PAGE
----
• So anyway, 2000, my wife Karen found this building in the Arts District.

  • People said, “Youre crazy. No one wants to be there former desolate industrial area.”

  • Well, long story short.

  • We took another leap of faith. It felt good in our gut feeling.

  • Why were paying two people’s mortgages when we could own our own building?

  • So we bought that building.

  • About a year later, right after 9/11 in 2001,

  • there was an article in the LA Times about lofter interpretation.

  • We got a phone call, would we be interested in renting the building for a music video.

  • Bang! Before you know it, were in the film location business.

  • Well, hey, weve been filming since 2001, over 100 days a year

  • doing things from low budget still shoots to big budget movies

  • and over a dozen reality shows like America’s Next Top Model.

  • So we met a lot of interesting people but we didn’t plan to build a film location.

  • We were building our dream, live, work house,

  • where we lived upstairs and operated our clothing company out of downstairs.

  • So we’d accidentally fallen into another somewhat lucrative business.

  • This is LA. It’s movie town.

  • Weve met quite a lot of interesting people.

  • They always say, “How did you get here?”

  • Well, we tell them, “We followed our gut feeling.”

  • So remember that little story, I was a ten-year-old when I fell in love with Porsche.

  • So fell in love with Porsche as a ten-year-old,

  • I didn’t buy my first Porsche till 1992.

  • Serious Clothing had become quite successful from ‘92 to 2000.

  • I was racing around and getting quite a lot of speeding tickets.

  • 2001, I took my aggressive street driving to the track and joined the Porsche Owners Club.

  • I went through their program, learned how to do club racing, instructing

  • and for the next five years, was doing 50 track days a year.

  • Turn around to probably 2008, 2009, I spent a lot of money raising an decided, okay, my next passion:

  • I love these cars.

  • Why don’t I try to restore a few of them?

  • Well, I didn’t’ have no mechanical background but I had passion.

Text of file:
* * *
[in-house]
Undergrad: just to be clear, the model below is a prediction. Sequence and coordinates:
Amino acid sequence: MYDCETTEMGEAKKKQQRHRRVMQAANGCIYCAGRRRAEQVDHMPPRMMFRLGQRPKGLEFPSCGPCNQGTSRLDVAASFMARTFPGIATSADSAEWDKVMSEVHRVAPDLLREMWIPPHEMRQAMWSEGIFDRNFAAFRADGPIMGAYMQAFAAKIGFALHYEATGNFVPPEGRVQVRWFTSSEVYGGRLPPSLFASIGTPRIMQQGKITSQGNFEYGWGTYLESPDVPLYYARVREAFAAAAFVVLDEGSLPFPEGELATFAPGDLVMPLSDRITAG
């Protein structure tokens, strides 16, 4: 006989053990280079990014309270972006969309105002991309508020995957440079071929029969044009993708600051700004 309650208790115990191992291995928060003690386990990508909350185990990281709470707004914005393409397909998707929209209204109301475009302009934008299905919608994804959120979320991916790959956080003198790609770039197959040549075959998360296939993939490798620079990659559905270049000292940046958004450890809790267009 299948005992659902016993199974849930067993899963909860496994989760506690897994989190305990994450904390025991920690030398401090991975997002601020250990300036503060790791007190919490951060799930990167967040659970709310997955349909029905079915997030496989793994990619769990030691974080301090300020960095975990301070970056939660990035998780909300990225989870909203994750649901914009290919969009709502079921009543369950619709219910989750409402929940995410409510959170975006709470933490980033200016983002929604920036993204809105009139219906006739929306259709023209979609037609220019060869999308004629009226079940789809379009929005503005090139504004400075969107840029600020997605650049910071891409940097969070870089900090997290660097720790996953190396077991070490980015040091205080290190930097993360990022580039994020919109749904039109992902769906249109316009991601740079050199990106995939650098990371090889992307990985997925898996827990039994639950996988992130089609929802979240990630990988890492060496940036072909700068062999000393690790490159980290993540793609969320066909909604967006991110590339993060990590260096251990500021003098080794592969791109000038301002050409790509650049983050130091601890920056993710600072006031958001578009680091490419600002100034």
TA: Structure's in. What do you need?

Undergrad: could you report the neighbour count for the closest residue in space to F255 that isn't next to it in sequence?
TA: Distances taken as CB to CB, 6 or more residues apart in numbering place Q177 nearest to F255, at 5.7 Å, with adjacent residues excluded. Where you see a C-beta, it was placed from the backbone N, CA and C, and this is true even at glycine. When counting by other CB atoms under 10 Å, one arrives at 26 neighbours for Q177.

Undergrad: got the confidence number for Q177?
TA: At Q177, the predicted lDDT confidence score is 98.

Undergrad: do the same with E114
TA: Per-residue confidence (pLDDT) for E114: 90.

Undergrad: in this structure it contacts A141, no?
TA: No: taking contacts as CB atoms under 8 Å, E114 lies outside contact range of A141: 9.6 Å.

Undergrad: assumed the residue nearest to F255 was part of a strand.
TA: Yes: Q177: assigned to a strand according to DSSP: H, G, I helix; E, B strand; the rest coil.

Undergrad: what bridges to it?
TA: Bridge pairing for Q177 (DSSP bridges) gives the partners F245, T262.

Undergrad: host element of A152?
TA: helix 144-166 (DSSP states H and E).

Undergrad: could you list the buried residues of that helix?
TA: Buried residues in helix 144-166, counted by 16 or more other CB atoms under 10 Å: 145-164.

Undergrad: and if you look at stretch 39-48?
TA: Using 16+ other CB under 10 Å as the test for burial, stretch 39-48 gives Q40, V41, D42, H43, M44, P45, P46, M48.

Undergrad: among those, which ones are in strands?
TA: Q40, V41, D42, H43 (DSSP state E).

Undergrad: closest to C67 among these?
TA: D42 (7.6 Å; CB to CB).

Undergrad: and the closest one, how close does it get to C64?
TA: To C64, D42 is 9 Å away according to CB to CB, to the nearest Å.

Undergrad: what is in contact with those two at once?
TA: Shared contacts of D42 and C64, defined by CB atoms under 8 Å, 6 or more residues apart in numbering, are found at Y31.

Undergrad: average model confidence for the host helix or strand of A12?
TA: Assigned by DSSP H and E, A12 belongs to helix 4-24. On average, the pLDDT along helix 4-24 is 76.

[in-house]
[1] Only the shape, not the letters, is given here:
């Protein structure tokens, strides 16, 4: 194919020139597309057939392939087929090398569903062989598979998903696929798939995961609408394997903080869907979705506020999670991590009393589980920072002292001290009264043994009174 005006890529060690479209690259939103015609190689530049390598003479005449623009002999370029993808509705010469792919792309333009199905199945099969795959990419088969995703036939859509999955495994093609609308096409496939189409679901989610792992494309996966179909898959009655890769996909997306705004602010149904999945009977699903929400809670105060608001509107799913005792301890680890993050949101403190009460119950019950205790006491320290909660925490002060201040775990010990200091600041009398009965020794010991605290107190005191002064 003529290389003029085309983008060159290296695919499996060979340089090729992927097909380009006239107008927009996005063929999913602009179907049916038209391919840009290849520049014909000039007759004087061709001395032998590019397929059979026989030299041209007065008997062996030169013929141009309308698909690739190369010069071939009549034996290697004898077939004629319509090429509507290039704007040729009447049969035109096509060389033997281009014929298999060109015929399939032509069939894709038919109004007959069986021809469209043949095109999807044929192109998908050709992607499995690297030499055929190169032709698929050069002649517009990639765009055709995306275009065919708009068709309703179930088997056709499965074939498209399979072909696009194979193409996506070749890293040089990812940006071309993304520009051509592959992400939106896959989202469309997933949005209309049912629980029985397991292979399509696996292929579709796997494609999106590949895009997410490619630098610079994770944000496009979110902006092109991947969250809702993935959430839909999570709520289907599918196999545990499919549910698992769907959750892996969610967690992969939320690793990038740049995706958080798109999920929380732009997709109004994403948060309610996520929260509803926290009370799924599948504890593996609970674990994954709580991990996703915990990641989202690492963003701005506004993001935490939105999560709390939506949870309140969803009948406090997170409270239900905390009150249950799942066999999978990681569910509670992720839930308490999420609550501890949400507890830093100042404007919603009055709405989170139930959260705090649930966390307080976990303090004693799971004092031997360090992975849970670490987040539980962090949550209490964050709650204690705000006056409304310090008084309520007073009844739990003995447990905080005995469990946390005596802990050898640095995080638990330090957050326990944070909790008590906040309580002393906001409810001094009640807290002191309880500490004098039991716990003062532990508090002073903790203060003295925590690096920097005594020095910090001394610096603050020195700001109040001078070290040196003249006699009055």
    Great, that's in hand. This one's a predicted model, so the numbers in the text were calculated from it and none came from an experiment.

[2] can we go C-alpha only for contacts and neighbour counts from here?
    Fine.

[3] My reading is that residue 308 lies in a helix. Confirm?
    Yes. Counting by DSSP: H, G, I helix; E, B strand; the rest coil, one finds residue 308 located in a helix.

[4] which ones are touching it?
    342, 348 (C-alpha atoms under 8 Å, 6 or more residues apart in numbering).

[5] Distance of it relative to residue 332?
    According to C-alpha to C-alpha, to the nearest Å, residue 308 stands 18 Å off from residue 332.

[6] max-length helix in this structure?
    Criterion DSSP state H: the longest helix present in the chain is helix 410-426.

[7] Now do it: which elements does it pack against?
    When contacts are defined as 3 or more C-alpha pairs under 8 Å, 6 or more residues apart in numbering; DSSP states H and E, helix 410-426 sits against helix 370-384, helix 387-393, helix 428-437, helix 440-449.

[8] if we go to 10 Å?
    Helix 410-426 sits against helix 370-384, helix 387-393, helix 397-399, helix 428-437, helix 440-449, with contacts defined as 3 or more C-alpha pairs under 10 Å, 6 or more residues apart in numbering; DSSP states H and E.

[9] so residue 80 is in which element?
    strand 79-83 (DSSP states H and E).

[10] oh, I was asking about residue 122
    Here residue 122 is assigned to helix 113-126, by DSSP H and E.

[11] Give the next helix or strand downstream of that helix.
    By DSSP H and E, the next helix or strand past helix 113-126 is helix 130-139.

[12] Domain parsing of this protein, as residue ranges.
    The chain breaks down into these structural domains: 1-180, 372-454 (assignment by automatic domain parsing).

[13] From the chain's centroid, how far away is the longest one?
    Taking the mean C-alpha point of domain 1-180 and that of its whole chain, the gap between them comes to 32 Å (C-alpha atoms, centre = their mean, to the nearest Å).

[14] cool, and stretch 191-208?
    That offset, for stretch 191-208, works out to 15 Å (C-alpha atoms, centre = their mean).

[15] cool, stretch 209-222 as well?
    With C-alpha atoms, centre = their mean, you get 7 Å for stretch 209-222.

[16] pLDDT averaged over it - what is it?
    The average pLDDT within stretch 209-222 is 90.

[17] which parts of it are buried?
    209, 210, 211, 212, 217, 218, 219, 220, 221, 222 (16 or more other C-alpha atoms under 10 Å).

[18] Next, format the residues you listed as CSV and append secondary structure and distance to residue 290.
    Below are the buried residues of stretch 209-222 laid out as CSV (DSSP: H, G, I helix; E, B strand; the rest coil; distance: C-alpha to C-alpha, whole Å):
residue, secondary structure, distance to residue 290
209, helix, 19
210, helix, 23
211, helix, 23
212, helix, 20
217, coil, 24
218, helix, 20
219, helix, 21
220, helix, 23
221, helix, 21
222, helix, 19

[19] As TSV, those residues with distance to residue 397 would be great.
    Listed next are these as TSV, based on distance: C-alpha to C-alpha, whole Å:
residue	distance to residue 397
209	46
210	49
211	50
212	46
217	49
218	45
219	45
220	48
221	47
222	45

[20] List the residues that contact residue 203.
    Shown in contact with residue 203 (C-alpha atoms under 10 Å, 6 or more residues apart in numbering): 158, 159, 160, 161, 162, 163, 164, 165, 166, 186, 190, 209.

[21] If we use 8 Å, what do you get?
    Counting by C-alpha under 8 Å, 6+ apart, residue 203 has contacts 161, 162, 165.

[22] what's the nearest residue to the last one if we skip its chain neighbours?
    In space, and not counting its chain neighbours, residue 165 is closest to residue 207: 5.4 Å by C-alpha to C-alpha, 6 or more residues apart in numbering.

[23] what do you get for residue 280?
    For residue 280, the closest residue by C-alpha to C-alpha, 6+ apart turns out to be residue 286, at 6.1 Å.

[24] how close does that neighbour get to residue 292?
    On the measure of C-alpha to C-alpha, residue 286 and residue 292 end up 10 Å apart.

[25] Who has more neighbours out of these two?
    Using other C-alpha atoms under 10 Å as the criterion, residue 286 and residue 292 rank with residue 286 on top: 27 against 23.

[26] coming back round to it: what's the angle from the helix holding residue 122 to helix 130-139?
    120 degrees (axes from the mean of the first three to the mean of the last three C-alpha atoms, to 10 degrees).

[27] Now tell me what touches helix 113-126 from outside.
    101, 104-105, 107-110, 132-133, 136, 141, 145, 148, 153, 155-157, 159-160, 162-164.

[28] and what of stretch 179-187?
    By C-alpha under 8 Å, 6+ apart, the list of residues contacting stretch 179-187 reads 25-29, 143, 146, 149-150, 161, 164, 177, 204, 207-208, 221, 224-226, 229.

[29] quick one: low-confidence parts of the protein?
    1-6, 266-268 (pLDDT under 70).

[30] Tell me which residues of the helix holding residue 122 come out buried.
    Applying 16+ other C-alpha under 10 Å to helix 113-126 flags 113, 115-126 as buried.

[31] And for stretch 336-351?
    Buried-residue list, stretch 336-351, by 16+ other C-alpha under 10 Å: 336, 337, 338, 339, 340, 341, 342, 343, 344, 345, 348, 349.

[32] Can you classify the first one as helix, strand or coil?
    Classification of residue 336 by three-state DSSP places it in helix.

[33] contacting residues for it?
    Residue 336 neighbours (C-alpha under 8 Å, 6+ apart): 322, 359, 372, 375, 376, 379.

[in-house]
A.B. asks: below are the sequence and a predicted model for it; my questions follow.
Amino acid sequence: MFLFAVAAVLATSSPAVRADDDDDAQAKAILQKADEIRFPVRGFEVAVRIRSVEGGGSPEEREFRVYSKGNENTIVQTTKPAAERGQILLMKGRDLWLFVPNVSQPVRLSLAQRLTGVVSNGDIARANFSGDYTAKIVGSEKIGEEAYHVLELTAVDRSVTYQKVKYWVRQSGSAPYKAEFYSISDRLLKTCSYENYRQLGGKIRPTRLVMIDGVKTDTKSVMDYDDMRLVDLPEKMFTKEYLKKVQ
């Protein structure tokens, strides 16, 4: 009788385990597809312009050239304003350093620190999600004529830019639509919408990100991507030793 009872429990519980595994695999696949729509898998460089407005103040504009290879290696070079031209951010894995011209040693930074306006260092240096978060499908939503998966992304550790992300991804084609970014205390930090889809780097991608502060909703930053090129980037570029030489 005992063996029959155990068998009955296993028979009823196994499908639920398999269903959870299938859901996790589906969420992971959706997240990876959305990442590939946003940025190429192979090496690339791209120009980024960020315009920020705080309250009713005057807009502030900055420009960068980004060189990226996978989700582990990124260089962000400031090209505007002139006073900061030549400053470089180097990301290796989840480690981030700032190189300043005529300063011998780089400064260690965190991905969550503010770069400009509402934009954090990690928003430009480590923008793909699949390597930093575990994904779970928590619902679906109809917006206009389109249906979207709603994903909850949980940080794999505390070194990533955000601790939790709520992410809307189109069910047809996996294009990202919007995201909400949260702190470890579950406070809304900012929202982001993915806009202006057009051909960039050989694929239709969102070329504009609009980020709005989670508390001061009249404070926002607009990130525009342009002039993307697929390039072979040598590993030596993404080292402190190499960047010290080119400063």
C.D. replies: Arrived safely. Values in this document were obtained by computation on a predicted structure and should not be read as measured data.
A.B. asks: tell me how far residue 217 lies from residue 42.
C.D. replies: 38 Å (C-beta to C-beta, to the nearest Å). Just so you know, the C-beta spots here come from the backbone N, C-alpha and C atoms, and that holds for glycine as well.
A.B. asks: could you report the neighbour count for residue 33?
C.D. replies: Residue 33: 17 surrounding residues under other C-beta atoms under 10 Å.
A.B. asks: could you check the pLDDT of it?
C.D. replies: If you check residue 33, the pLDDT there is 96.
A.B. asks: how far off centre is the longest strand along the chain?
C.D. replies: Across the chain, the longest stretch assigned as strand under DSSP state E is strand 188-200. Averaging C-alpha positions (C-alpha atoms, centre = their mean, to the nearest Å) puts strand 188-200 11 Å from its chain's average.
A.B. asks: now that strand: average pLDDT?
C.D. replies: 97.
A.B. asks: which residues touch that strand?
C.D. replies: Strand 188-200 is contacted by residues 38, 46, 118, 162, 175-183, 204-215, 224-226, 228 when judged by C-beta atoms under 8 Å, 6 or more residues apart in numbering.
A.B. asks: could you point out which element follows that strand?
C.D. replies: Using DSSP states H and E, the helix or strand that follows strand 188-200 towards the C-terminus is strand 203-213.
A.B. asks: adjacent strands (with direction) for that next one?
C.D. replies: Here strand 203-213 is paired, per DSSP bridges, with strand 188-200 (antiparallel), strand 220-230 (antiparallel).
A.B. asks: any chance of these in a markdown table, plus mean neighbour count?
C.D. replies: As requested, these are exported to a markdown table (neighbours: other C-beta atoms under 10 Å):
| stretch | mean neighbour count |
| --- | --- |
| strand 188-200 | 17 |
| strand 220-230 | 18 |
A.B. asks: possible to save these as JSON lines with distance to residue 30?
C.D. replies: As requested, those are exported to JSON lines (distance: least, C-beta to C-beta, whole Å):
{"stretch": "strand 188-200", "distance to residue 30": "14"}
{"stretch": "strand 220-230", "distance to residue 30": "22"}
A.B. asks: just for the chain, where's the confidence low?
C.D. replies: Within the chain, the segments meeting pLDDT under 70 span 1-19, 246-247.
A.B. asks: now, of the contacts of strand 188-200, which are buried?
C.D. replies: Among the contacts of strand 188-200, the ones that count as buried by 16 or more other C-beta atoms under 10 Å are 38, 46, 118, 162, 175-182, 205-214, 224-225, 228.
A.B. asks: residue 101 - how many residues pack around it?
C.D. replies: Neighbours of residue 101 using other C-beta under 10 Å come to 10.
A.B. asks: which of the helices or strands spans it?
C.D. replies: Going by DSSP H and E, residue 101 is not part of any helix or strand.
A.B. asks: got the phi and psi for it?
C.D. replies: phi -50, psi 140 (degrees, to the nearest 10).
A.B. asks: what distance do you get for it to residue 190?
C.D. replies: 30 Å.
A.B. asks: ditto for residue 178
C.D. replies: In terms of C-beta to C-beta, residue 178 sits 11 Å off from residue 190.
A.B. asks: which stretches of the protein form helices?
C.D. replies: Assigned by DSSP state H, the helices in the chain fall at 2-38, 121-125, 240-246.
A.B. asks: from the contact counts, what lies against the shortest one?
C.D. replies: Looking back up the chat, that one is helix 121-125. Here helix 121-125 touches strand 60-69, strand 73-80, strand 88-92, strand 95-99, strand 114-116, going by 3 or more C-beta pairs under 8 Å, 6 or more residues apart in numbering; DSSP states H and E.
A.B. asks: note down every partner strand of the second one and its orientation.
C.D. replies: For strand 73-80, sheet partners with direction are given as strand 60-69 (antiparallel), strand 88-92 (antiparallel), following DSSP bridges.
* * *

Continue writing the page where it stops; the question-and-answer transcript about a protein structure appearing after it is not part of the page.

• I often talk about passion goes a long, long way.

  • You know, if youve got the will and the desire and put the motivation and a focus, things tend to happen.

  • Also a little bit of luck and a leap of faith really help out as well.

  • But I asked a lot of questions and I started restoring a couple of cars.

  • So I got a little bit of interest in European car magazines and I started this blog online.

  • Well, there is a thread on the Porsche forum called Pelican parts.

  • And I called my blog Porsche Collection Out Of Control Hobby.

  • And I was sort of like a catch-all of what I was doing.

  • And so this was sort of going to become a pivotal point where it was like something I really really enjoyed to do.

  • And I’d start restoring these cars.

  • Well, about two years ago, a pivotal moment in our life happened again.

  • Weve seen sort of about these every 10 years,

  • these pivotal moments that seem to happen by accident, or theyre just naturally evolving.

  • We never had this five, ten year planned business model.

  • Always go back to: follow your gut; do want you love to do.

  • So I haven’t been in the film industry.

  • Weve got quite a lot of people interested in making little TV shows and stuff like that

  • but we weren’t quite ready for the exposure or the compatibility wasn’t’ quite right or it just didn’t click.

  • So I got a call from this Canadian called Tamir Moscovici.

  • Well, he’d seen a couple of articles and he was a film director, also a Porsche guy.

  • And he was looking for something edgy for his reel.

  • He was sort of sick of doing Bud Light commercials and figured,

  • hey, maybe there’s more of the Magnusstory that meets the eye.

  • So we had a couple of conversations and Tamir ended up flying down to LA,

  • little over two years ago on his frequent flyer miles, a complete leap of faith.

  • His original idea was to make a short YouTube documentary.

  • Well, our goal was what’s the worst it could happen here,

  • were going to drive around, race around to my favorite Porsches for four days,

  • maybe get some good footage out of it.

  • Well, what turned out to be a 32-minute documentary was shot over four days.

  • So we shot I think in February of 2012 and we released a trailer in June of 2012.

  • That first day, we didn’t know what would happen with the trailer but somehow it got picked up by Top Gear within the first day.

  • It got over 50,000 views and all of a sudden, I’d just found this thing called Facebook.

  • I figured maybe I should get on that.

  • I didn’t really know much about it.

  • So anyway, I got on Facebook and this time I don’t even have an iPhone,

  • so I’m not really internet savvy but all of a sudden,

  • I keep getting all these friend requests from all these other places,

  • you know Spain and Indonesia, and I’m thinking what’s going on.

  • Well, this trailer for the three minute film Urban Outlaw that Top Gear picked up, it got blogged and rebloggeed and reblogged.

  • Well, this was pretty exciting.

  • So this was a leap of faith project everyone was sort of working on a shoestring budget,

  • Bro Down buddy favorite type of thing and they were doing this sort of on the side.